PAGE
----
When the first bakery was established in the early 2000s, it brought cupcake culture to London in a huge manner. Their initial clients had no idea what velvet cupcakes were, and there were a lot of queries about if a cupcake, a fairy cake, or a muffin were the same thing. This article feels obligated to provide background on our all-time favorite baked good: the cupcakes.
Londoners were familiar with fairy cakes, and it took them some time to acclimate to the larger sponges and ample frosting. However, they quickly realized that bigger was better, and the cupcake was here to stay. While cake has been around in some shape or another since ancient times, cupcakes were invented in America.
The first mention of a cake to be baked in small cups rather than a layer cake is likely to have. The word ‘cupcake’ is thought to have originally appeared in a cookbook called ‘Receipts’ by the 19th-century American author named Eliza Leslie. It’s conceivable that ‘cupcakes’ was also a reference to measuring techniques, with some cakes, such as pound cakes, being distinguished by their measurements to make them easy to recall by volume.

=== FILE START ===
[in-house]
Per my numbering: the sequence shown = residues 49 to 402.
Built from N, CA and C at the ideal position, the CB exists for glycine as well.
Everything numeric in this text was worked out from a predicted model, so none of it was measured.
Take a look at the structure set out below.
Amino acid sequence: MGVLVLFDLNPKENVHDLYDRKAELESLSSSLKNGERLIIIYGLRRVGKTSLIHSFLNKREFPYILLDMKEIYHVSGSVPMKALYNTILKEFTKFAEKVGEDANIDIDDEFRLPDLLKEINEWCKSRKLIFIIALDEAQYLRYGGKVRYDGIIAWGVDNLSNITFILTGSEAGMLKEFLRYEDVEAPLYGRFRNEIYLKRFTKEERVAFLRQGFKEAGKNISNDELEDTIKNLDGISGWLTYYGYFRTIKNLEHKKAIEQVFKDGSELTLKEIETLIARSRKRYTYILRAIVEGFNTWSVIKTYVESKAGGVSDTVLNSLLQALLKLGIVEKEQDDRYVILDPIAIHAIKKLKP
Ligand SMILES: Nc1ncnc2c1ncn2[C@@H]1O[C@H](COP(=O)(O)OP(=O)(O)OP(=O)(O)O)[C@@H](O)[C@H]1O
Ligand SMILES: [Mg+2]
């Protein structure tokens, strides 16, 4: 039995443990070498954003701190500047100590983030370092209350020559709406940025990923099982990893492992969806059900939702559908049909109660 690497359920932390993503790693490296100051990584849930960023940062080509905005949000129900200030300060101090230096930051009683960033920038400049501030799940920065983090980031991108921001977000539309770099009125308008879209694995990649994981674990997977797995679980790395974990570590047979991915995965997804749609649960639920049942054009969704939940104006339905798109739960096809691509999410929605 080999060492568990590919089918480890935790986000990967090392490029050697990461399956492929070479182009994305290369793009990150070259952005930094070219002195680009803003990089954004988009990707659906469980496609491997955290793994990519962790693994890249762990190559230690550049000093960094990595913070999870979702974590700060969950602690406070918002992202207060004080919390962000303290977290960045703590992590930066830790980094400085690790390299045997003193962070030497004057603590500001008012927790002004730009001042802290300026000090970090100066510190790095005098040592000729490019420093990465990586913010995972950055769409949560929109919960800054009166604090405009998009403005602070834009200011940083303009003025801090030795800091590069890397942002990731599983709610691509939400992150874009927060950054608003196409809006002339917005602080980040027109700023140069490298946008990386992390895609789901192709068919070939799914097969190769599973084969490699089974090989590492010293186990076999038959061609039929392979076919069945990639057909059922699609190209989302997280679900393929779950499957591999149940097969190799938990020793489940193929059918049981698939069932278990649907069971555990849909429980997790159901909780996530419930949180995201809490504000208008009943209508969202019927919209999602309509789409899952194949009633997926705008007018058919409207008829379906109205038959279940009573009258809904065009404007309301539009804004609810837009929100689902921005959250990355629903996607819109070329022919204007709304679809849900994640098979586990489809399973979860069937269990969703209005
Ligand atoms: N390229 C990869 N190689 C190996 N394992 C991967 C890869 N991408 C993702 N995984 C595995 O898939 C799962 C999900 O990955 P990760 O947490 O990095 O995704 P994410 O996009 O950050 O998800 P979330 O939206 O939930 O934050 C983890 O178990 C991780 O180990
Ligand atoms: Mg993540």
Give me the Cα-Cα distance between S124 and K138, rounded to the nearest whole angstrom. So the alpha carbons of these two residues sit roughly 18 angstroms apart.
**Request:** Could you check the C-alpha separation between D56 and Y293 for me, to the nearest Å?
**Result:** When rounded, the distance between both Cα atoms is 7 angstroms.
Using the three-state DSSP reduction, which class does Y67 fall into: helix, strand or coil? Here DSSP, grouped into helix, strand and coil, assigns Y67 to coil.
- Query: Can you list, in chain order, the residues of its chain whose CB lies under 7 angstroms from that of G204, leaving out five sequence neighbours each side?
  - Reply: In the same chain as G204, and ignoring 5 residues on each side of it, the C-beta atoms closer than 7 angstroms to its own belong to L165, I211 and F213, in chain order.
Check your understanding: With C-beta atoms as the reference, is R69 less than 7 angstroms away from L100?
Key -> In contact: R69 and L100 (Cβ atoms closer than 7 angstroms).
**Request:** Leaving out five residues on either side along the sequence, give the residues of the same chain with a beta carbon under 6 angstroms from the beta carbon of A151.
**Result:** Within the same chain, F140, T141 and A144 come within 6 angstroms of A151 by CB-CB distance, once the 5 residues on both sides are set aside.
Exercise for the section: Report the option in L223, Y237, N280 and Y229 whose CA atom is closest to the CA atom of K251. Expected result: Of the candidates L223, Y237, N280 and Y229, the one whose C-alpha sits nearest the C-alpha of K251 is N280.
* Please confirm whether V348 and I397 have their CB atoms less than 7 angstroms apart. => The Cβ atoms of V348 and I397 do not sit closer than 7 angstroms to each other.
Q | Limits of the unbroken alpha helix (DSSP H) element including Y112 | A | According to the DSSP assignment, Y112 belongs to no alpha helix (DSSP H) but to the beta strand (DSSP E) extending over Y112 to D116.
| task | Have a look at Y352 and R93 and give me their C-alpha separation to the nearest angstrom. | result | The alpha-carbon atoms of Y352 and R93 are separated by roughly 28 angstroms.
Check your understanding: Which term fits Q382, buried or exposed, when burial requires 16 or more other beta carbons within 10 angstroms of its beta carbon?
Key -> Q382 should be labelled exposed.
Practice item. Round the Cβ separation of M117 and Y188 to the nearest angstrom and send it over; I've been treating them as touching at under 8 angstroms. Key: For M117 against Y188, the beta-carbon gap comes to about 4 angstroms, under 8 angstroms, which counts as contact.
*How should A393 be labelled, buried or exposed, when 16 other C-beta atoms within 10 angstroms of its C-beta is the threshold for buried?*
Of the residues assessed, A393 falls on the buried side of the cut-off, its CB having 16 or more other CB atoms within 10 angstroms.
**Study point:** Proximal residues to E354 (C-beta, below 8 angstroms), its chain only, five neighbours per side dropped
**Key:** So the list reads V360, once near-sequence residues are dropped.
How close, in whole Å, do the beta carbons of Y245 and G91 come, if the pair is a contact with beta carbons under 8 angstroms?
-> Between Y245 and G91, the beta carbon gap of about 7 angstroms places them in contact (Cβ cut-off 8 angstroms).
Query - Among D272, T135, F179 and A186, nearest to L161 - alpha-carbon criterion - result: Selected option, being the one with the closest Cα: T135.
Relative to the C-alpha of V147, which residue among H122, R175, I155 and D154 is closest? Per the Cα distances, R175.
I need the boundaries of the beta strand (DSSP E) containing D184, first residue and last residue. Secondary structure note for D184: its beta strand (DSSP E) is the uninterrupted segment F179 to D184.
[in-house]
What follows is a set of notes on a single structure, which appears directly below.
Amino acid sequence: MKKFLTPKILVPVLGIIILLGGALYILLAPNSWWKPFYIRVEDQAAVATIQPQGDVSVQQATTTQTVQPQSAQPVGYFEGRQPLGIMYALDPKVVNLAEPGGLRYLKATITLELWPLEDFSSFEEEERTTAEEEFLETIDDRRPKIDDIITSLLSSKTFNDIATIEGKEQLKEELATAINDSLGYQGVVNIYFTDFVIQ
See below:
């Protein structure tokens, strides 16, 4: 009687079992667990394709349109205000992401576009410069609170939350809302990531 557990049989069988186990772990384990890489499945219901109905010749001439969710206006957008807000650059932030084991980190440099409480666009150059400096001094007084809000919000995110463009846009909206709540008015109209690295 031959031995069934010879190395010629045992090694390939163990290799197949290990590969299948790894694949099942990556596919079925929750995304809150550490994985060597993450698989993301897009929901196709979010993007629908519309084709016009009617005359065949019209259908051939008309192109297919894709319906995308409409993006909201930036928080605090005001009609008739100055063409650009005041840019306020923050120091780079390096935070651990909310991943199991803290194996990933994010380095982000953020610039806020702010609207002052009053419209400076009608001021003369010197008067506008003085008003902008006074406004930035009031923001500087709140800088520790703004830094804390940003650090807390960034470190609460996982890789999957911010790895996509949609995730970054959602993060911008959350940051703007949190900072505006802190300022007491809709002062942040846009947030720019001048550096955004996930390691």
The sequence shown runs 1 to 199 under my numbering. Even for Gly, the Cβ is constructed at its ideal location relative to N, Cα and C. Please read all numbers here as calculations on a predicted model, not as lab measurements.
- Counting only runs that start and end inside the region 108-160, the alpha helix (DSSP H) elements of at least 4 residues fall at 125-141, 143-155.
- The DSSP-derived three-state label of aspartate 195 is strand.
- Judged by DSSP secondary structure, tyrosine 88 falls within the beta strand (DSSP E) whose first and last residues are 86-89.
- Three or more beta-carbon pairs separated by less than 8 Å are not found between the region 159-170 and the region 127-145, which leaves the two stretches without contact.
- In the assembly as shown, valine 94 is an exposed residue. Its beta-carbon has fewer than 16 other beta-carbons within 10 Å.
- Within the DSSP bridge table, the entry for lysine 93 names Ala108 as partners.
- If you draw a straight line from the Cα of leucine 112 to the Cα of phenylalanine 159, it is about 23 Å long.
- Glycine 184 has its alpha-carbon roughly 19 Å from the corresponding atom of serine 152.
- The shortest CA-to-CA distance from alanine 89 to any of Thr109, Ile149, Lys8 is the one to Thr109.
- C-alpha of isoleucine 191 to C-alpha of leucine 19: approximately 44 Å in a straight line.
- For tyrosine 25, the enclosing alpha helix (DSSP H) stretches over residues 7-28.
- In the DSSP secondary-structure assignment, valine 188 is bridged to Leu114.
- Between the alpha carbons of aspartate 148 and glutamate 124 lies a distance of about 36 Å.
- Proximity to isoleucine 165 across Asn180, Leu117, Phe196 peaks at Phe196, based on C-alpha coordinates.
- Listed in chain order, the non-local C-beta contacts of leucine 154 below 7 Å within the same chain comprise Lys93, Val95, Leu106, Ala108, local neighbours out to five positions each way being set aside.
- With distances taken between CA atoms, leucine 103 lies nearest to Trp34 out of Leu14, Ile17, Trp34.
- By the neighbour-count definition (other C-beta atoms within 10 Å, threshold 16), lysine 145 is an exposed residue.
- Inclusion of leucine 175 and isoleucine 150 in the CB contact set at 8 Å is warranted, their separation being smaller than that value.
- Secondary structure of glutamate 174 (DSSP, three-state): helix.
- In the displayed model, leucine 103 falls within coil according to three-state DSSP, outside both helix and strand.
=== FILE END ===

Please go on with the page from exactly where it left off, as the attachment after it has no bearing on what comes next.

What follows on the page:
Cake mixture may be baked into nearly any shape, as we know from many-shaped novelty cake tins. Cup-shaped cakes were most likely first made in small teacups, ceramic cups, or ramekins rather than a specifically designed tin or paper case. Like many other foods, cakes were able to travel because of developments in food technology. When American baking business Hostess debuted a single-portioned ‘CupCake’ as a snack cake in 1919, commercially available cupcakes first appeared. The first cupcake-only bakery opened in America, and many bakeries delivered cupcakes to London not long after, selling out on the first day. Since then, the craze for cupcakes has never stopped.